FUTURE ROLLING stock concepts took centre-stage at Railtex, with manufacturers highlighting the products they hope will win future orders.
Hitachi Rail Europe unveiled a new model of its AT400 very high-speed train, dubbed the ‘British bullet train’. The AT400 is part of a portfolio which also includes the AT100 (for metro operations), AT200 (for suburban routes) and AT300 (for intercity high-speed). Cantilevered seating, holographic and interactive displays and high-tech airline-style luggage lockers are among the innovative features highlighted by Hitachi in the AT400. The company says it is ‘fleshing out the vision’ for the AT400 as it looks ahead to future very high-speed opportunities. The manufacturer also showcased a virtual interior walk-through of the Inter-city Express (IEP) trains it is building for the Great Western and East Coast main lines.
Siemens showcased all the variants of its Desiro platform, including the 125mph Desiro Verve. Based on the Desiro City platform, with which it shares the same bogies and control system, the Verve incorporates 23-metre vehicles and an inter-city interior, with options for either single- or double-leaf doors in various positions. Siemens says the Verve can be from four to 10 carriages in length. It is also examining a hybrid battery option using fuel cell technology, but says it will not produce a diesel variant.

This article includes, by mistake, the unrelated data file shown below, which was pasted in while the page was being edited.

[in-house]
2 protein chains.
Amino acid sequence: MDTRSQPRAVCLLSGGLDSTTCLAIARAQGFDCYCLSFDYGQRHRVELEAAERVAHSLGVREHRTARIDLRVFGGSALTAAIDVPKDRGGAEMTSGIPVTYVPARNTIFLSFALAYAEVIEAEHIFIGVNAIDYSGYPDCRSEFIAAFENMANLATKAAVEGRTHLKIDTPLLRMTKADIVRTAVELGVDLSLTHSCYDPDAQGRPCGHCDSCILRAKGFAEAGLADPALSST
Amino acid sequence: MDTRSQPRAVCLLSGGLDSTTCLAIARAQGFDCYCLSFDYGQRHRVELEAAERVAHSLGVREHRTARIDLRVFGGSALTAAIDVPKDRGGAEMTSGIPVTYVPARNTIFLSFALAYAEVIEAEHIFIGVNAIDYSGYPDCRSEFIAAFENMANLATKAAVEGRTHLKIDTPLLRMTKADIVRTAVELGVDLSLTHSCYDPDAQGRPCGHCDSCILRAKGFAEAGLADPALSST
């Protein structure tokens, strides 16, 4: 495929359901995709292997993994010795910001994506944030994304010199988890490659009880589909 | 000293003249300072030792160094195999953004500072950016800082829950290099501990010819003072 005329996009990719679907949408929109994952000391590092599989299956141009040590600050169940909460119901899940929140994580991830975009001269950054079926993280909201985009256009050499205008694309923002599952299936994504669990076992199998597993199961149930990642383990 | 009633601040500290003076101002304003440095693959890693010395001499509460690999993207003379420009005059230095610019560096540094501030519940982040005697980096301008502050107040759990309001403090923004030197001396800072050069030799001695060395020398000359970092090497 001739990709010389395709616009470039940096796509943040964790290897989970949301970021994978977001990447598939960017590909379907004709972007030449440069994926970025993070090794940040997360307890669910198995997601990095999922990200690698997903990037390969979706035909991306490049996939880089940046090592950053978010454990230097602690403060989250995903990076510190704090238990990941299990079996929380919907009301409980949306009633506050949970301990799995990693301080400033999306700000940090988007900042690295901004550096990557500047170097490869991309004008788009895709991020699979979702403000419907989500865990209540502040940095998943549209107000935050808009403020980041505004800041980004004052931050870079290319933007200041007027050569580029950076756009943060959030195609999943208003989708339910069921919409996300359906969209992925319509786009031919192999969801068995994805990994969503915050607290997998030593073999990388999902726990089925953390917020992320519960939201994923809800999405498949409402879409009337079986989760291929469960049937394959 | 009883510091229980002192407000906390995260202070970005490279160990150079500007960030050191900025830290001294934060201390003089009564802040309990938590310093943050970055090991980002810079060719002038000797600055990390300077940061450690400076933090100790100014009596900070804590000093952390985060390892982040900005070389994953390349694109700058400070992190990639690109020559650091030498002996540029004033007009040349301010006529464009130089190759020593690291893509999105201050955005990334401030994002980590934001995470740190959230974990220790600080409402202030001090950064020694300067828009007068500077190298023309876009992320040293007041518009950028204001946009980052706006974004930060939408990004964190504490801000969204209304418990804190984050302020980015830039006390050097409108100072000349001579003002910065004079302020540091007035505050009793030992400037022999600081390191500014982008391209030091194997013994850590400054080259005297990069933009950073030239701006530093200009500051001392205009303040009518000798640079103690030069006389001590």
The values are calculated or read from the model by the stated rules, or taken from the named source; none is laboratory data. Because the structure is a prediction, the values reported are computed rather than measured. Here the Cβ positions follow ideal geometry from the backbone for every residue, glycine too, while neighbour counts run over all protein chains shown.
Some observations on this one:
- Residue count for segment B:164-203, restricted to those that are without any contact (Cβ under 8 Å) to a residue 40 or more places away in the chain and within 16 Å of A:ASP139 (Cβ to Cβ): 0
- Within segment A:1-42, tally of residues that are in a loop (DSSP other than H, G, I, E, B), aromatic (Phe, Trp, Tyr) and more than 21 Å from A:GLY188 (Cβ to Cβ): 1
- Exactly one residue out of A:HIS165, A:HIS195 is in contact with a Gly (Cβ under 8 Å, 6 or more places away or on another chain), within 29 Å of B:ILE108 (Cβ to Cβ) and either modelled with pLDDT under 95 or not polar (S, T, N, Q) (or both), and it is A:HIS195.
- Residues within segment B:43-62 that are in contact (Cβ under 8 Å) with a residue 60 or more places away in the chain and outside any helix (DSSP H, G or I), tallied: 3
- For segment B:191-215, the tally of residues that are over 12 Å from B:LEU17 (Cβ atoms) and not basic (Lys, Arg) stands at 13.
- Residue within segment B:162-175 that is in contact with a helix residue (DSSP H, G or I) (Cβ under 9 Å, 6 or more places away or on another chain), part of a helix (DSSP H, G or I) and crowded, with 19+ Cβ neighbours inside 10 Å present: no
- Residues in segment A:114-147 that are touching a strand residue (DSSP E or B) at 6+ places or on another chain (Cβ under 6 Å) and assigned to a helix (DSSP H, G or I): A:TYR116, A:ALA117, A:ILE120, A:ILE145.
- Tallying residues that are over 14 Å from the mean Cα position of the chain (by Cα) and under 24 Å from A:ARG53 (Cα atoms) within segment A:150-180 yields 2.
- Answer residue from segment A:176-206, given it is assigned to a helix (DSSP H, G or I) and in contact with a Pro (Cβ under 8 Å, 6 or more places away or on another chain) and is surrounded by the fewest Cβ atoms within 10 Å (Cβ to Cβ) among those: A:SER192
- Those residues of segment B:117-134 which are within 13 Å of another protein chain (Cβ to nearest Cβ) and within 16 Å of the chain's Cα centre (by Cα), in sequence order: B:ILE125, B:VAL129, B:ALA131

Stadler exhibited for the first time at Railtex, having recently broken into the UK heavy rail market with major orders for Greater Anglia and Merseyrail. Models of both orders were on display along with information about the company’s various other UK contracts, including trains for the Glasgow Subway and tram-trains for Sheffield.
Chinese manufacturer CRRC also had a significant presence once again: it has recently secured its first UK order for wagons for London Underground (‘Infrastructure News’). It displayed models of its metro, commuter and high-speed trains.